But the problem that many of us have, is that we know what The Right Thing is but our time and priorities are at odds with that. Does that choice make us worse programmers? Should it hold us up from releasing a project? Would it be better if we just pulled our project? No to all. It's a calculus of writing code, our time available, obligation to our code's users and our own guilt. Those are challenging things to balance!

Developing software in the open is complicated even when when you're bootstrapping it in private. But it gets more difficult if making progress is fraught with guilt and obligation to some all-seeing Van Hœt. So many of these issues, these problems in casual development are complex issues of time management, guilt and obligation. Leaving todos can free you from worry and push you towards fixing issues you care about right now so you can start enjoying the software you make.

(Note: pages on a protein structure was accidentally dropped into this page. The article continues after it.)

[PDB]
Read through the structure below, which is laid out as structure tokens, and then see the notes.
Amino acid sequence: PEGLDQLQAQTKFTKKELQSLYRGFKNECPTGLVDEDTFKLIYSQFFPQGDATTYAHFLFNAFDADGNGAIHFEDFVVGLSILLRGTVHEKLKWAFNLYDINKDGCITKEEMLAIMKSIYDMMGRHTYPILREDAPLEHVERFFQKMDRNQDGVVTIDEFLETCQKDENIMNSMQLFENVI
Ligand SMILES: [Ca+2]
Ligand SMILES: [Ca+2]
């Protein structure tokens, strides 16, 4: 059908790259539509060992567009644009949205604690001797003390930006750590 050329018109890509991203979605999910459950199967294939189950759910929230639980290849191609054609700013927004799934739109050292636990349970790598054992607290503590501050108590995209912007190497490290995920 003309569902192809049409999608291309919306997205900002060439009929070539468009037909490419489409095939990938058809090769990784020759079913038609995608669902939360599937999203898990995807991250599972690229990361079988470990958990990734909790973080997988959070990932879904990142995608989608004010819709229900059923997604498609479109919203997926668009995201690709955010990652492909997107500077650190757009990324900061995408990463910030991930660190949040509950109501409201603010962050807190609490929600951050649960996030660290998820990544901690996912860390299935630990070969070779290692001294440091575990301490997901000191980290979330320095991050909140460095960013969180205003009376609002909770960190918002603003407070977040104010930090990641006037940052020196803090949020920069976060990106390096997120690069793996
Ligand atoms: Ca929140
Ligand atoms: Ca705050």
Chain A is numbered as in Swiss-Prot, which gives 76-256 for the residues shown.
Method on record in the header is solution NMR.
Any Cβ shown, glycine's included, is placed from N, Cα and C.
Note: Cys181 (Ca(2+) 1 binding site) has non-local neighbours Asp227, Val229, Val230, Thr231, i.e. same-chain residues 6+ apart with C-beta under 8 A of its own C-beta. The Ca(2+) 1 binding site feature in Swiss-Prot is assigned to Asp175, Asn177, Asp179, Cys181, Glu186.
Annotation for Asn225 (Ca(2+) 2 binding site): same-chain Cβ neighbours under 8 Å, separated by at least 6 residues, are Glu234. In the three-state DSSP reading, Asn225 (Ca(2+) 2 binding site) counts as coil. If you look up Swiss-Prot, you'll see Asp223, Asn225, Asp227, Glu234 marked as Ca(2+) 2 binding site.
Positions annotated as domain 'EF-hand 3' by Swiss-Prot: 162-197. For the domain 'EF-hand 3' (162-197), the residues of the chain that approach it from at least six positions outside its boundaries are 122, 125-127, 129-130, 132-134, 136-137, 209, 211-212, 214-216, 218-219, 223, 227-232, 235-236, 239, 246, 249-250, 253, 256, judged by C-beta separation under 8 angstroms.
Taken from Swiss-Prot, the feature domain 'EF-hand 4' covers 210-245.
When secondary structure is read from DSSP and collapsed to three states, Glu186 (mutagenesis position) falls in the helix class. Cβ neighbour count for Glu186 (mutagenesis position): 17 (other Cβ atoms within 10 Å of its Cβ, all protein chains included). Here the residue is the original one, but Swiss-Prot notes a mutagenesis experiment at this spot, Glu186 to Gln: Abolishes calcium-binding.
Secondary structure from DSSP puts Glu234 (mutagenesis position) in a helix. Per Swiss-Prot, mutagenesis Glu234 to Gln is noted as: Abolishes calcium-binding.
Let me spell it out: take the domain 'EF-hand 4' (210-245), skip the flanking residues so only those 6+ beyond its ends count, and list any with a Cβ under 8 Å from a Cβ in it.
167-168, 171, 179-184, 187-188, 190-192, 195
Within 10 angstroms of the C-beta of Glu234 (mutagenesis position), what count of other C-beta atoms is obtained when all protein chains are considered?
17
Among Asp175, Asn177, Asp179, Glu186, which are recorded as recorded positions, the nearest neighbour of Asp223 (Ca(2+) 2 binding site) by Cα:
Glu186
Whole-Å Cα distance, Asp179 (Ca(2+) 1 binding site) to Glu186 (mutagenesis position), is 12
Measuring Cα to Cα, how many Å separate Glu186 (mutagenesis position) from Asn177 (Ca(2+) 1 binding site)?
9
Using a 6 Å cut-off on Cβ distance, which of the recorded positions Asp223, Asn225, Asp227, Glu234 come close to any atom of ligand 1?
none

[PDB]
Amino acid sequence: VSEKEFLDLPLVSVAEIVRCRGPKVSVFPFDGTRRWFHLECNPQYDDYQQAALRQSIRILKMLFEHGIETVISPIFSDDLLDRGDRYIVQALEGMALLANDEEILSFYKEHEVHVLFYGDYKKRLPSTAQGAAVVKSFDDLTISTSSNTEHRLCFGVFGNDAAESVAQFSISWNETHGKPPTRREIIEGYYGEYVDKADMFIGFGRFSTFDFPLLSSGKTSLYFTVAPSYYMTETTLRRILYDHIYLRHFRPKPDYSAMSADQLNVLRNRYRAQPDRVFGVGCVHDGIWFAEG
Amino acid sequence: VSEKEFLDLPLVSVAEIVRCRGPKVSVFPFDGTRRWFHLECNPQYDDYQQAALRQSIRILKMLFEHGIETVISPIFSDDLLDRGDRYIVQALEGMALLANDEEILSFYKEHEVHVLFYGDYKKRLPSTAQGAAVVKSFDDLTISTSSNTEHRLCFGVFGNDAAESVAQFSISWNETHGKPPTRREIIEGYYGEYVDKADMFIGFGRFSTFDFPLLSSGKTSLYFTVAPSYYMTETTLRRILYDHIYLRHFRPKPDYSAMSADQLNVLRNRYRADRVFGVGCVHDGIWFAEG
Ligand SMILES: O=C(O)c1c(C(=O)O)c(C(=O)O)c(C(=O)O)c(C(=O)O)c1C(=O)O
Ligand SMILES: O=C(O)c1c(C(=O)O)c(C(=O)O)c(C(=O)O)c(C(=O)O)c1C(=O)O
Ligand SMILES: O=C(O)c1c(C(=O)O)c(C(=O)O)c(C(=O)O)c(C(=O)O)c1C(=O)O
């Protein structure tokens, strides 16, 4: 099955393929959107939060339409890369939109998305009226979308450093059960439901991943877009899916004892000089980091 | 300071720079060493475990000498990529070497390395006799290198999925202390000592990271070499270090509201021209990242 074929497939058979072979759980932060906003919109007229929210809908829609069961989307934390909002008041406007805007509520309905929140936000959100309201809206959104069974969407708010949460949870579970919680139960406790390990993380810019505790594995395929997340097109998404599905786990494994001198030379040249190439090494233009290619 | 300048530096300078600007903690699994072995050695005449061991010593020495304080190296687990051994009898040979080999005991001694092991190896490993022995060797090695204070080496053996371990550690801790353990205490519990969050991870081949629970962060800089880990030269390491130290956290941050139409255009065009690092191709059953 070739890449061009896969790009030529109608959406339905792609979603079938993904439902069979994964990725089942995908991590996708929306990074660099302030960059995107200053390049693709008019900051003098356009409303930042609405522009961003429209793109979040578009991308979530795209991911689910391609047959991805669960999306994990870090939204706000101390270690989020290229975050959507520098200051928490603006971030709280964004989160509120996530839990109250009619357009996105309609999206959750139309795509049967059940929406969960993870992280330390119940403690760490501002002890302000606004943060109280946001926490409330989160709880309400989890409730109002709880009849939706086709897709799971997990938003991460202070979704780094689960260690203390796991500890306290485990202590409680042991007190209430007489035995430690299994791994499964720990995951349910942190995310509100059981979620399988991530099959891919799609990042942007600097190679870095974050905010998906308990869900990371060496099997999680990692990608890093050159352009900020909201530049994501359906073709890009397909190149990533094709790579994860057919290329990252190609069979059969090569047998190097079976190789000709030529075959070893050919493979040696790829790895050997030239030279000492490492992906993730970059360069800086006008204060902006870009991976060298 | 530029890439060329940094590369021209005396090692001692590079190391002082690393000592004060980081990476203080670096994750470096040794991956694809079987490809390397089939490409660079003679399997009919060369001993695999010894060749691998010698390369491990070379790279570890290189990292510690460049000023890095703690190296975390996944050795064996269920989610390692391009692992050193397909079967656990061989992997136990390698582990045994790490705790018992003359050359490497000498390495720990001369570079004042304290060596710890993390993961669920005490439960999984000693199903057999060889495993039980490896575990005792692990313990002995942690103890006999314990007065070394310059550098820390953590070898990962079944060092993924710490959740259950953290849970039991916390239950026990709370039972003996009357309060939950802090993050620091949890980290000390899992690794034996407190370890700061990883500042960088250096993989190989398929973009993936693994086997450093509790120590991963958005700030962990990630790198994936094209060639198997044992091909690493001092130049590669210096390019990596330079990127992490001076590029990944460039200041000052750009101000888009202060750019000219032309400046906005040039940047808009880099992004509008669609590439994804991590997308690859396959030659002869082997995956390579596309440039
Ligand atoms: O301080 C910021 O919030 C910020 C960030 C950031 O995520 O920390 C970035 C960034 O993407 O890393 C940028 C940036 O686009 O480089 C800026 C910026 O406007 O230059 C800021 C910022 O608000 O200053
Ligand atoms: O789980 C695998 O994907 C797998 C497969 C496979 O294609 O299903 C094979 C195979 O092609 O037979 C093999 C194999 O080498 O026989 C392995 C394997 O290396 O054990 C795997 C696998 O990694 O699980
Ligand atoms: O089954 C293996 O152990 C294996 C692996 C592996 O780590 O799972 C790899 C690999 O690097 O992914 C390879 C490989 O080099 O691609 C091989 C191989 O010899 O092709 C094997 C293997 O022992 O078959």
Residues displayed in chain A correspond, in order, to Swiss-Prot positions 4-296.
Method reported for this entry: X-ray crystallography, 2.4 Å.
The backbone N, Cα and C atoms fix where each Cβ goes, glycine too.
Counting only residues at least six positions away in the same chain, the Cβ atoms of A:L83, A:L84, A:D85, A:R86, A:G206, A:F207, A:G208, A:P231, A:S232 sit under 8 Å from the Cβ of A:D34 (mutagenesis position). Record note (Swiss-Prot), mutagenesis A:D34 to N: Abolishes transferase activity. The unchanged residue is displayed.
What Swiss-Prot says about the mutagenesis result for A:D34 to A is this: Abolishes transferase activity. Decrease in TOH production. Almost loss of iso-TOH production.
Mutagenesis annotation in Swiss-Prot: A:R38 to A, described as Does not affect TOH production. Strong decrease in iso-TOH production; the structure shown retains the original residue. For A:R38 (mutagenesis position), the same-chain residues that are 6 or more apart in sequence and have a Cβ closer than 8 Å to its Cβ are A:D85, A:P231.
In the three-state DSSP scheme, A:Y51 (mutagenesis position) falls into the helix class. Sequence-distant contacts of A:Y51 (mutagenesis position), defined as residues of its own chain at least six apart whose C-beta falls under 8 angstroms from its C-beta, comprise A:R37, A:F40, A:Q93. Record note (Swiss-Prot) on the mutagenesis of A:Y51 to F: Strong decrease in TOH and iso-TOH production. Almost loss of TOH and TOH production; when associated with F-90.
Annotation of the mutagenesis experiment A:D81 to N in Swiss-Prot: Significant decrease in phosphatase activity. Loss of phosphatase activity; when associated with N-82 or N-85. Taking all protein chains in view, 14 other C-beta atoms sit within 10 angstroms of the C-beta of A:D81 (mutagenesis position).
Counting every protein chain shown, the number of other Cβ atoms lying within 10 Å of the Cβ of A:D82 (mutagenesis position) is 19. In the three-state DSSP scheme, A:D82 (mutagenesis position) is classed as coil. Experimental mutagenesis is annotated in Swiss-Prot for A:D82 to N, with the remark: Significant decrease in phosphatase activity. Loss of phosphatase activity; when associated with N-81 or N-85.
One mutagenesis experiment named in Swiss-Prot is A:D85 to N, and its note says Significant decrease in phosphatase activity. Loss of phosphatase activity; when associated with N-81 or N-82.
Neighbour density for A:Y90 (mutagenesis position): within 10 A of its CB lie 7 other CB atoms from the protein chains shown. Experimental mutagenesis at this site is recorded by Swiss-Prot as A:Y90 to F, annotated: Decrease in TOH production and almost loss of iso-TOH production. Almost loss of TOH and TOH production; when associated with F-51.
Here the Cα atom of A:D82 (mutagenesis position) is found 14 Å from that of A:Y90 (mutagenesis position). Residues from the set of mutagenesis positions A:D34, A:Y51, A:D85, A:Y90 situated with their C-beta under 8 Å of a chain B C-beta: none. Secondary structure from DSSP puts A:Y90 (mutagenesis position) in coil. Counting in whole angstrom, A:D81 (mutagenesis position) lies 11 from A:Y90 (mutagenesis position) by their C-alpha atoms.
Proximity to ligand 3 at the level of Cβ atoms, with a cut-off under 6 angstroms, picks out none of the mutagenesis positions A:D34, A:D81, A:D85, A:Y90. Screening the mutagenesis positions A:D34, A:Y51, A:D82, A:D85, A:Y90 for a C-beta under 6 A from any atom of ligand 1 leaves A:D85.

it wouldn't be a real thousand word internet blog post without an artisinal colophon, so thanks for the feedback and comments: @marcia_lee, @andy_matuschak, @kamens, @pgbovine, @dmnd_, and chrisklaiber and @dylanvee.

If you have any thoughts on this and have made it all this way, i'd love to hear from you. Feel free to send me an email.

  1. its background is this other phrase, bias towards action, which, to be honest, i don't think i'd heard until this past week. It is, however, an interesting cousin of the more contentious Worse is Better™[^wib]

  2. craig has been responsible for many fantastic process gems, so i feel very lucky to be able to crib this one from him almost entirely wholesale for my own internet fame and glory.

  3. , which see

  4. i'm pretty sure spike lee never thought his movie would ever be referenced so often in terms of software engineering discussions

  5. A sweep, briefly, is this nifty idea where in order to be able to prioritize all the task you possibly have, you put everything you can think that might be a task into a task list. By moving all those ideas out of your head and into a place you're likely to look at later, you allow your mind to only wander to tasks that are relevant now. gtd® is copyright DavidCo 2001.

  6. although philosophically aligned, this is not going to devolve into an essay about minimal/maximal viable products. phew.